Remembered For His Selfless Love and Unwavering Faith
Deacon Melchor Magat passed away on December 15, 2018 at Washington Hospital in Fremont surrounded by his loving family.
He was born in Bataan, Philippines on January 6, 1952 (Solemnity of the Epiphany) and was named after one of the Wise Men who visited the infant Jesus. Deacon Mel came from a non-religious family whose father was agnostic. In 1985, he had his conversion after attending a Marriage Encounter weekend followed by a “Catholic Life in the Spirit” seminar. Since his conversion, he was led to forming and facilitating countless prayer groups, sponsoring Marriage Encounter and “Catholic Life in the Spirit” seminars, the establishment of the Sacred Icon of the Holy Family in the Philippines and serving in different ministries of the church. In 1997, he migrated from the Philippines to the United States.
In 2000, he served as the building committee head, RCIA director and as a Eucharistic Minister at Saint John the Baptist Parish in Milpitas. On May 8, 2010, he was ordained a permanent deacon by Bishop Patrick J. McGrath and was later assigned to serve at Saint Victor Catholic Church in San Jose.
Deacon Mel was married to his wife, Cecilia, for 44 years. They were blessed with two sons, a daughter and eleven grandchildren.
“For as long as I’ve known him, he’s been a man of service to all. He not only dedicated most of his time to help family and strangers in need, he would also risk his own life to save another. He was a great husband and father to all our children. Above all, he loved God with all his heart, mind and soul,” said his wife Cecilia.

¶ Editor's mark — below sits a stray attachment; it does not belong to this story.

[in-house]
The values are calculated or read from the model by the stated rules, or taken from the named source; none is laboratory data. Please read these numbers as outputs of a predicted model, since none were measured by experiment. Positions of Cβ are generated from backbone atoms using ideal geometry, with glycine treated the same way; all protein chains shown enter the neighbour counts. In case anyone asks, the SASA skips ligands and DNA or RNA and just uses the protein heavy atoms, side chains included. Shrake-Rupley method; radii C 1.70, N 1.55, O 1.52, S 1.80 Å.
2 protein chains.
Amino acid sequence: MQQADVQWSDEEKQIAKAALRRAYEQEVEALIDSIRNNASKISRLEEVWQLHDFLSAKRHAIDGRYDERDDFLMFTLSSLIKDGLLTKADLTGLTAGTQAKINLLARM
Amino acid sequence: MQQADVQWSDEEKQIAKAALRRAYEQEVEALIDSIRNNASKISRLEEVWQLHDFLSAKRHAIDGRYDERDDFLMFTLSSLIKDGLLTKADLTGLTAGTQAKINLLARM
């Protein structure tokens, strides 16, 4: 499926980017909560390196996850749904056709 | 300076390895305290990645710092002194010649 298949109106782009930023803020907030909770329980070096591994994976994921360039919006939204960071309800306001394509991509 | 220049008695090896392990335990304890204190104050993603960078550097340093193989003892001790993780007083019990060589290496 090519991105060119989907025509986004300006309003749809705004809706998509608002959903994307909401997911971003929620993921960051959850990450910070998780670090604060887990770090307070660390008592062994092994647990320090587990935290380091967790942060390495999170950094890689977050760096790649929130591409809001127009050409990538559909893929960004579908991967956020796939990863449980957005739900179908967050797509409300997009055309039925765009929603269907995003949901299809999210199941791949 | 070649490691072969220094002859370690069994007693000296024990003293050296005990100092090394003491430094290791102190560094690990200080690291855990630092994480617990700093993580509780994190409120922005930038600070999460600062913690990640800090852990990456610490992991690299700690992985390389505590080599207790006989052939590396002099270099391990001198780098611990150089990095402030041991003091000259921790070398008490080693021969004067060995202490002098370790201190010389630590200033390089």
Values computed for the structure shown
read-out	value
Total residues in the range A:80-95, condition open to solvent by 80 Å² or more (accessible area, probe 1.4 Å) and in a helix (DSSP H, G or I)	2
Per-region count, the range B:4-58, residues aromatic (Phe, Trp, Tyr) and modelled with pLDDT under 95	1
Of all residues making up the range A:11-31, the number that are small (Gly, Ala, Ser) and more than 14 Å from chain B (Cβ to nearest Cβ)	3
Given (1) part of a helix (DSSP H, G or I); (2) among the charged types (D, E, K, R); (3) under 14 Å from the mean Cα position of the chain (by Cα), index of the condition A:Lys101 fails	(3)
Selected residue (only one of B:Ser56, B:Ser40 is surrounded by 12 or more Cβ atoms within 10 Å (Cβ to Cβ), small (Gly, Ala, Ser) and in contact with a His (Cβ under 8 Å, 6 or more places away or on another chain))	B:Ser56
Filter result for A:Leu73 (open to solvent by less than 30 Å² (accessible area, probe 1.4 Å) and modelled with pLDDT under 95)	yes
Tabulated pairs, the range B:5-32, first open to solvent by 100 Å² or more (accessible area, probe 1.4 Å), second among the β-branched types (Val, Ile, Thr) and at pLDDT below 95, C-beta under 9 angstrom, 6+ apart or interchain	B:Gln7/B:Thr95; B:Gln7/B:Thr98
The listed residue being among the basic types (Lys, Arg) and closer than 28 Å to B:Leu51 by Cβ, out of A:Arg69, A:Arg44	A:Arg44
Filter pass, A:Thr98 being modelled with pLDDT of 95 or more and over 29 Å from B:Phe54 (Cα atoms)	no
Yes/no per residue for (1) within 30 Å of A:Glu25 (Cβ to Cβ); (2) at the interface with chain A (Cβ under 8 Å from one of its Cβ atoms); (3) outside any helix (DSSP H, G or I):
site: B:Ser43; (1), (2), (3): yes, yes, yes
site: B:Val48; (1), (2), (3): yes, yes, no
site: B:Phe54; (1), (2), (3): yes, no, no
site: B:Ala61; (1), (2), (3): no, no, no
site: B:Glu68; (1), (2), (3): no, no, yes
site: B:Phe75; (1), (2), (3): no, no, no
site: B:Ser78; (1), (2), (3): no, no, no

“I am humbled, honored and grateful to be named after a great man, my patient mentor, my concrete inspiration, my true friend, my loving dad,” said his older son, Melchor Jr.
“I came to know, truly believe and experience Jesus on a personal level because of my dad. He was my tangible Jesus here on Earth,” said his younger son, Alvin.
Deacon Mel and Cecilia’s daughter, Maria added this: “My father was truly a wise man. He was my best friend, my counselor. He was a brave leader, an amazing father, a selfless brother, a funny uncle, a playful grandpa, a loving husband, a loyal friend, an honorable deacon. He was wonderfully made. Although he had every reason to be resentful and bitter, he chose to see his illness as a gift instead of a curse. He was not defined by his sufferings nor his illness. He was defined by love. My dad lived his life according to his favorite bible verses from 1 Thessalonians 5:16-18, ‘Rejoice always! Pray without ceasing! In all circumstances give thanks, for this is the will of God.’”